John Paul Jones Would Have Loved This Ship

John Paul Jones would have loved this ship

in A&E/Community

Scottish American naval captain John Paul Jones earned fame during the American Revolution when, during a battle off the northern coast of England in 1779, he responded to a British suggestion about surrender by retorting, “I have not yet begun to fight.” (Jones’s fleet ultimately prevailed, against heavy odds.) Jones also was involved in asking France to aid the Americans; during the discussions, he vowed “to have no connection with any ship that does not sail fast; for I intend to go in harm’s way.”

Today, navigation charts of San Francisco Bay warn of a shipwreck near Redwood City that’s about all that’s left of a fast ship sent into harm’s way during World War II. The remains are those of the USS Thompson, which I have written about in The Journal of Local History. I decided to delve further into the history of this class of ship after reading the obituary of Carl Clark of Menlo Park.

Clark, who died in 2017 at age 100, served aboard the USS Aaron Ward, a destroyer similar to the Thompson. None of the obituaries about Clark that I read gave any history of the Ward, so I opened the always captivating book, “Warships of the World,” published by Cornell Maritime Press and written by Roger Kafka and Roy L. Pepperburg.

I got an eye-opening naval education. It was so fascinating that my attention strayed from the Thompson, about which I will write more next month. It, too, has an intriguing story. But for now, the USS Aaron Ward.

The 1946 edition of “Warships of the World” reveals that the Ward sank a Japanese submarine at Pearl Harbor more than an hour before Imperial Japan attacked on the morning of December 7, 1941. The Ward wiped out the sub at 6:30 a.m. According to the book, the destroyer’s crew notified the base, which was hit beginning at 7:48 a.m.

The Ward was built at Mare Island Naval Shipyard in Vallejo in 1918, too late for World War I. The ship made up for its lack of combat experience in that conflict by seeing plenty of it in the next war.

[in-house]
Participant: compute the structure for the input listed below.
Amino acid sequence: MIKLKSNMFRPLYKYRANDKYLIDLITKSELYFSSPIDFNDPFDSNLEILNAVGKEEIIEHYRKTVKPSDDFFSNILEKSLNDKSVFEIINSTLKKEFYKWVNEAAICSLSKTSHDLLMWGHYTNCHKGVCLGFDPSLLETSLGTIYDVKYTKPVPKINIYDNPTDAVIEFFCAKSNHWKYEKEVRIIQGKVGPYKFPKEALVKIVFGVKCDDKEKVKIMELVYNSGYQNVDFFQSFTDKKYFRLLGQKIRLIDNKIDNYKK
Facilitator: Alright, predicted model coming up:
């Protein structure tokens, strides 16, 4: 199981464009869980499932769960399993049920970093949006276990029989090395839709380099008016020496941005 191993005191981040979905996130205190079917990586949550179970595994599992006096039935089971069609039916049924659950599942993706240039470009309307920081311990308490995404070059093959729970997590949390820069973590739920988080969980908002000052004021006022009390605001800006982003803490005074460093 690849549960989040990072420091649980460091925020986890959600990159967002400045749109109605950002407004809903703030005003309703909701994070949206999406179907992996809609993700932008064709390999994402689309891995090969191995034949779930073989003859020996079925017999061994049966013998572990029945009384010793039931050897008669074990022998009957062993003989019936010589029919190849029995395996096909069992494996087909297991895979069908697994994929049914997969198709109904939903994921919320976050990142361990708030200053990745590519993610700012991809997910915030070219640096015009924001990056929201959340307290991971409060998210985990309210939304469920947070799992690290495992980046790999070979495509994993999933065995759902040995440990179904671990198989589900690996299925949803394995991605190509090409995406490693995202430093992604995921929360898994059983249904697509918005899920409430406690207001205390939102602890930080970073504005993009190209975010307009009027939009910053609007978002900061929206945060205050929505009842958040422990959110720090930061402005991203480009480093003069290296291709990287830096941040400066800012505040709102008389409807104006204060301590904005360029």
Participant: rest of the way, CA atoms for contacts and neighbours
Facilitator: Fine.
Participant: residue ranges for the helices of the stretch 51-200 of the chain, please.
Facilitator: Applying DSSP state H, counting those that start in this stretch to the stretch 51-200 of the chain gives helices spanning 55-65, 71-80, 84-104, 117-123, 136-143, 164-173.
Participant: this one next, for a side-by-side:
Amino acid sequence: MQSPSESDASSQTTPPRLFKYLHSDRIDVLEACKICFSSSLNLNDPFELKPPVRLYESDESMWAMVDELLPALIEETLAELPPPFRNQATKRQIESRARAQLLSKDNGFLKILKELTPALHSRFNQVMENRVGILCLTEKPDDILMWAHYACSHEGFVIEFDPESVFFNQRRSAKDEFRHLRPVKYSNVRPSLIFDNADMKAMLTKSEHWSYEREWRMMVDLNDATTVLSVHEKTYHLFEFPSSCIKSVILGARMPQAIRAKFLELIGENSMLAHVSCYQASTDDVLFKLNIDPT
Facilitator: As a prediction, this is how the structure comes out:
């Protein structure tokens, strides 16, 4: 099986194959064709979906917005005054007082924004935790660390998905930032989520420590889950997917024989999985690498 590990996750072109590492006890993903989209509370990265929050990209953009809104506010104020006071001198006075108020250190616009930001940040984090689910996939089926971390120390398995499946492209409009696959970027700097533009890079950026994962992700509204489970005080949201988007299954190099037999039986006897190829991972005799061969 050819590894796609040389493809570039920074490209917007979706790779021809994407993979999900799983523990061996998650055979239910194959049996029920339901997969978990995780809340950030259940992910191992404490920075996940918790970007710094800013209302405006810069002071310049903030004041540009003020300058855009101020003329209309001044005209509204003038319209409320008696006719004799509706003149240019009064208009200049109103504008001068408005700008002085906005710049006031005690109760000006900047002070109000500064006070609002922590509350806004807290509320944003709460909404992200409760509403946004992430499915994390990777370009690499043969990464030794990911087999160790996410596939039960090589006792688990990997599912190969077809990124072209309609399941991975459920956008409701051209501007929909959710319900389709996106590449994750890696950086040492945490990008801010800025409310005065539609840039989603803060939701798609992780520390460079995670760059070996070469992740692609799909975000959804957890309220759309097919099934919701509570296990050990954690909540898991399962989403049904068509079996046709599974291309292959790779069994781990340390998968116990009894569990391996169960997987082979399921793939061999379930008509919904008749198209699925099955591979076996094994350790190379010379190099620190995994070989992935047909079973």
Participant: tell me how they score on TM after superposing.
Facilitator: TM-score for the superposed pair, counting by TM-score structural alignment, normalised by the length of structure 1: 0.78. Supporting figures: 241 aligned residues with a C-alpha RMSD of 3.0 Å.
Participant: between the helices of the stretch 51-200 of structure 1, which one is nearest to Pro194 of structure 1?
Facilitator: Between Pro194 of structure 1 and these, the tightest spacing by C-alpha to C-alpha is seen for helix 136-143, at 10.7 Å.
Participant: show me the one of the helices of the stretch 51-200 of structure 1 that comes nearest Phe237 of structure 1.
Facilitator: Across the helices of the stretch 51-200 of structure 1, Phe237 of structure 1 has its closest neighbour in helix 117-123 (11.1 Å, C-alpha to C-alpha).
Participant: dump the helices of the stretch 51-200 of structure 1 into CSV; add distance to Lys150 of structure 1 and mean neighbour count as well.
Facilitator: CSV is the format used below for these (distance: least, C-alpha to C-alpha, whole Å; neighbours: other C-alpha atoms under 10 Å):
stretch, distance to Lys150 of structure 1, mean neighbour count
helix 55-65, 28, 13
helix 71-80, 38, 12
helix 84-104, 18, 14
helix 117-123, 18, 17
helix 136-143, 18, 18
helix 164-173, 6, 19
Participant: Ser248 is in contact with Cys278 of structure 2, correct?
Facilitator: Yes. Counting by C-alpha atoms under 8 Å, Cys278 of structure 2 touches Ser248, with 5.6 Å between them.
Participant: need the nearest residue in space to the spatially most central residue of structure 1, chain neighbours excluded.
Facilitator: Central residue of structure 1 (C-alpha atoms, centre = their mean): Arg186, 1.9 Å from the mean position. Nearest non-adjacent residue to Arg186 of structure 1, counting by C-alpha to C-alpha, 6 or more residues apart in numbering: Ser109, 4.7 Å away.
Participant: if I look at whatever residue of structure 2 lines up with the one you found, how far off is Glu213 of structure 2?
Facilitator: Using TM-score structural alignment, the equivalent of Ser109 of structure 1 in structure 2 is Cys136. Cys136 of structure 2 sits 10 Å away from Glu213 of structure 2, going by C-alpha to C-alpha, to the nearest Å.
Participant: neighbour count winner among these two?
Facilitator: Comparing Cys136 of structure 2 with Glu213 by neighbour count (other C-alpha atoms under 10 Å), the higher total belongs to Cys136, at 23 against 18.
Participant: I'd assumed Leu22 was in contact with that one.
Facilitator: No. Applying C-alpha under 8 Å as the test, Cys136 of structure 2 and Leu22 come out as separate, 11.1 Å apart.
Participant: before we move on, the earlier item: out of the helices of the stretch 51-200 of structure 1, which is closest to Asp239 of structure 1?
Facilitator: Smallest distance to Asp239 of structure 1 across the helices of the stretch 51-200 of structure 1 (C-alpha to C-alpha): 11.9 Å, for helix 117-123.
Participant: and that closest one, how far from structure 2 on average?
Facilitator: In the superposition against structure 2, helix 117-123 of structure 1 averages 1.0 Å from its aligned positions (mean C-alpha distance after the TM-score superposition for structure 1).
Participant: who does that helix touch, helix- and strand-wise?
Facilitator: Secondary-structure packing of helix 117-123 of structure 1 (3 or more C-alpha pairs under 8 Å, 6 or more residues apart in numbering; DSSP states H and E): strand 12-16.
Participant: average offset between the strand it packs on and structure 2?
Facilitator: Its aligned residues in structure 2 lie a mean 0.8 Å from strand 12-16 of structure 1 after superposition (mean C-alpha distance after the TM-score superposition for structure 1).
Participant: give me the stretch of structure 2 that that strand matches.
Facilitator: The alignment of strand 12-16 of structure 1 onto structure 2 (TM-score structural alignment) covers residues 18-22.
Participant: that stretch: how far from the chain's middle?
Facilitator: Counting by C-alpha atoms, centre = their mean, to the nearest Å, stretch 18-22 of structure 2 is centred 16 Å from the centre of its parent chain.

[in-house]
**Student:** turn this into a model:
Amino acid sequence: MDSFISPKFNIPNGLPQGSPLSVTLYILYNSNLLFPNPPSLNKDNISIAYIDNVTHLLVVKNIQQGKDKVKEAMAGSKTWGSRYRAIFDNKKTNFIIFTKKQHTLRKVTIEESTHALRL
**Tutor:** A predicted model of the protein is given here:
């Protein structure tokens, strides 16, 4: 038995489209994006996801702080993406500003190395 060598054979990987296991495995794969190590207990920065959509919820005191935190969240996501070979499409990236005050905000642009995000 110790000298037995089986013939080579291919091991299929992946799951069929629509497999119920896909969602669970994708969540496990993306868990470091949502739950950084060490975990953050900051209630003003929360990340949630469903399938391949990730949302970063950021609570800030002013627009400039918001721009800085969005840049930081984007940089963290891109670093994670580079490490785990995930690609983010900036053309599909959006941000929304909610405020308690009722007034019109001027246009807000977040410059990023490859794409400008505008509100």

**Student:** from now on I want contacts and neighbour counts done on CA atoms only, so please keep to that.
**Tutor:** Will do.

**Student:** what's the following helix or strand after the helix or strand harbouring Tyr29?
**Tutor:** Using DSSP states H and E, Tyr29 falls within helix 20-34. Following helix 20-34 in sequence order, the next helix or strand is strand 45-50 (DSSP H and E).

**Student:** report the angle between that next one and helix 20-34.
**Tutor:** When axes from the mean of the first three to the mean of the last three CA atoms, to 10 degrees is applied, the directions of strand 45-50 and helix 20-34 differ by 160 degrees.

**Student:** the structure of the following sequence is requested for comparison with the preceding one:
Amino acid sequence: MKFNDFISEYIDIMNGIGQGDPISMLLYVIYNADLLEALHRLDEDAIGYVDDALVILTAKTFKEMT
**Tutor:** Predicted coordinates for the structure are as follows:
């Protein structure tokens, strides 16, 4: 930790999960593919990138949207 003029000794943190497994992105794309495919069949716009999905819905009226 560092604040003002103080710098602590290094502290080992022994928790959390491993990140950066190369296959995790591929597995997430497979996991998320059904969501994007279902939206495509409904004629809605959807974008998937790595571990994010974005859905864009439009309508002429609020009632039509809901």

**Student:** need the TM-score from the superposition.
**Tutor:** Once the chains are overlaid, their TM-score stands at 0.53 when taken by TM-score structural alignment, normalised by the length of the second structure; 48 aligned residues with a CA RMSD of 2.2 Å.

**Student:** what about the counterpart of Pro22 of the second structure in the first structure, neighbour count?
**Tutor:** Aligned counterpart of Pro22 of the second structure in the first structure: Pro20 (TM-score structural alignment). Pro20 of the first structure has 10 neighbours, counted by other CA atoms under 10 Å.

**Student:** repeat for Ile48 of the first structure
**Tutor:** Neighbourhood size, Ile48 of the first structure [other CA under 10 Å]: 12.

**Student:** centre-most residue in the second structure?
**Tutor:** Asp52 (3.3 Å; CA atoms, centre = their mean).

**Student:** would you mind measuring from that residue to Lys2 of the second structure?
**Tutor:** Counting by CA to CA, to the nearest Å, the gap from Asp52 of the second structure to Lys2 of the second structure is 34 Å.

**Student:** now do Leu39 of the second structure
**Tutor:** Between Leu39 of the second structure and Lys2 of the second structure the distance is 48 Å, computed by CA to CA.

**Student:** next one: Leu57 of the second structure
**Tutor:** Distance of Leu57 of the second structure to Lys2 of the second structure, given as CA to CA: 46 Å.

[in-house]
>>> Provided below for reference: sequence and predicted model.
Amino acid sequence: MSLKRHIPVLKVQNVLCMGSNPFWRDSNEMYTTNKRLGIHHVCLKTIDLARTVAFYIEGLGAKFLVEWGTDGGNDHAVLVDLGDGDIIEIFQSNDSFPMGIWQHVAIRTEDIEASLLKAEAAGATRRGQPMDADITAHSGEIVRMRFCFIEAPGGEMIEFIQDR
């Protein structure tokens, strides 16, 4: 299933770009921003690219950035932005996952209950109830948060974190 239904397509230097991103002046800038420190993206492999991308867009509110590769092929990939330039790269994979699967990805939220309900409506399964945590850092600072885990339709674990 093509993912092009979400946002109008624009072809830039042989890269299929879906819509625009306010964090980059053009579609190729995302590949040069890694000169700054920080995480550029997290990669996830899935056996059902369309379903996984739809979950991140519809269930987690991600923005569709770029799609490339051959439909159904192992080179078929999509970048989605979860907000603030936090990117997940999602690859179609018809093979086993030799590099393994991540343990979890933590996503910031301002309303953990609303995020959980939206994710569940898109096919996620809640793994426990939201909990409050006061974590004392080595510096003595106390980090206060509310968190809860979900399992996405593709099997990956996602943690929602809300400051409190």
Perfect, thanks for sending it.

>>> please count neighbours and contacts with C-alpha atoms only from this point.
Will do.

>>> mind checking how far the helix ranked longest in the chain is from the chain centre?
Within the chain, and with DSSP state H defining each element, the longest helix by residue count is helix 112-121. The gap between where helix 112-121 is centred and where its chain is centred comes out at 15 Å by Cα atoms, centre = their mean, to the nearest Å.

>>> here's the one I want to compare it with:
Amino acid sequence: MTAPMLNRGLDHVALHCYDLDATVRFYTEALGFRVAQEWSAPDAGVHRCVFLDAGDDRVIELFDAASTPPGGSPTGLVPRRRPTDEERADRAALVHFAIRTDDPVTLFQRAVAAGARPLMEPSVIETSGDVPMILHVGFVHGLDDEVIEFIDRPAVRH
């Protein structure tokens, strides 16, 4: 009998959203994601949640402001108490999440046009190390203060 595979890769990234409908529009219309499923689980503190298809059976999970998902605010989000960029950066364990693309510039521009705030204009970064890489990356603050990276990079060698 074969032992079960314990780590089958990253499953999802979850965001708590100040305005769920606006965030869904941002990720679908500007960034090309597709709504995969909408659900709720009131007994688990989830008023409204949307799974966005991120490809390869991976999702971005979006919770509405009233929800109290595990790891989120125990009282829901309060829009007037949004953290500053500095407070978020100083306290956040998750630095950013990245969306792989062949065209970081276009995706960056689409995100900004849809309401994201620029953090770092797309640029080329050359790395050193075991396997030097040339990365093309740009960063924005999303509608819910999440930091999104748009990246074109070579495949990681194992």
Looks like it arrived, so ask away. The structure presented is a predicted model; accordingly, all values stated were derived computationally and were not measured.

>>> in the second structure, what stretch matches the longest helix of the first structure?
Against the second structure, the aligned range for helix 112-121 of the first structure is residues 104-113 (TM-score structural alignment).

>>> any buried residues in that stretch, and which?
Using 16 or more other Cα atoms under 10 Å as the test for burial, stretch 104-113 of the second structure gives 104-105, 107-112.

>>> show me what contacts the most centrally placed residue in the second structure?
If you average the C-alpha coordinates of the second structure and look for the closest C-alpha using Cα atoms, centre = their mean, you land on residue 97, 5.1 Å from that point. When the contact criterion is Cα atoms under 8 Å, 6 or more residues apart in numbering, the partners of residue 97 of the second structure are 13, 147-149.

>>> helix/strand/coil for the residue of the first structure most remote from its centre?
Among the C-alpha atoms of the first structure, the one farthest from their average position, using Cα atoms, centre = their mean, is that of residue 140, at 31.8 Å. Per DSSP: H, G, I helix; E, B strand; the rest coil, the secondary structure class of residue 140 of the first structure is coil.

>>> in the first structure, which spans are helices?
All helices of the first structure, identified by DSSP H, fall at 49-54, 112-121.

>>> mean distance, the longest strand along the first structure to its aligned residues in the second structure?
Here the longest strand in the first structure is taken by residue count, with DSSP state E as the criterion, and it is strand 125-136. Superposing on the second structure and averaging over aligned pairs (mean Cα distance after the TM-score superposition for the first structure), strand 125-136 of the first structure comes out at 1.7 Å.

This story first appeared in the January edition of Climate Magazine

After Pearl Harbor, two of the Ward’s four smokestacks were removed as part of its conversion to a “fast transport” that faced danger many times in earning 10 battle stars, including in the Solomon Islands and at Leyte Gulf in the Philippines. At the 1944 Battle of Ormoc Bay, an extension of the huge Leyte Gulf confrontation, torpedoes damaged the Ward so severely that U.S. forces themselves sent it to the bottom. The Ward’s end came on December 7, 1944, three years to the day after the vessel fired the first shot of the war.

The larger (and greatly decisive) Battle of Leyte Gulf was the biggest naval clash in World War II, and depending on how it’s viewed, perhaps in history. Fought during four days in late October 1944, it engaged more than 200,000 naval personnel. According to the website of the U.S. Navy’s Naval History and Heritage Command (available at, the battle “completely destroyed the strategic threat posed by the Imperial Japanese Navy.”

Pentagon records show the U.S. lost seven warships to Japan’s 26. For Japan, the losses of vessels and crew were its greatest in history. The human cost was staggering—more than 23,300 U.S. soldiers and sailors killed and an unfathomable 419,912 Japanese dead and wounded.

The battle began after Japanese commanders, anticipating the Allied attack to re-take the Philippines after Japan captured the U.S. commonwealth in 1942, prepared what the U.S. Navy’s website describes as “a desperate, multi-pronged attempt” to devastate U.S. naval forces and intercept the Allies’ amphibious landing, which started October 20. Raging from October 23 to 26, the naval clash—in reality, a widely dispersed series of smaller conflicts—involved battleships, destroyers, cruisers, PT boats, aircraft carriers and numerous fighter and bomber squadrons.

Included were U.S. Admiral William F. Halsey’s Third Fleet and Vice Admiral Thomas C. Kinkaid’s Seventh Fleet; despite being outnumbered, just three vessel groups from the Seventh Fleet turned back Japanese naval forces on the morning of October 25. By the next day, the Allies had established sea and air control throughout the region for the duration of the war.

Next month: The story of the USS Thompson and how it came to rest off Redwood City on the mudflats of San Francisco Bay.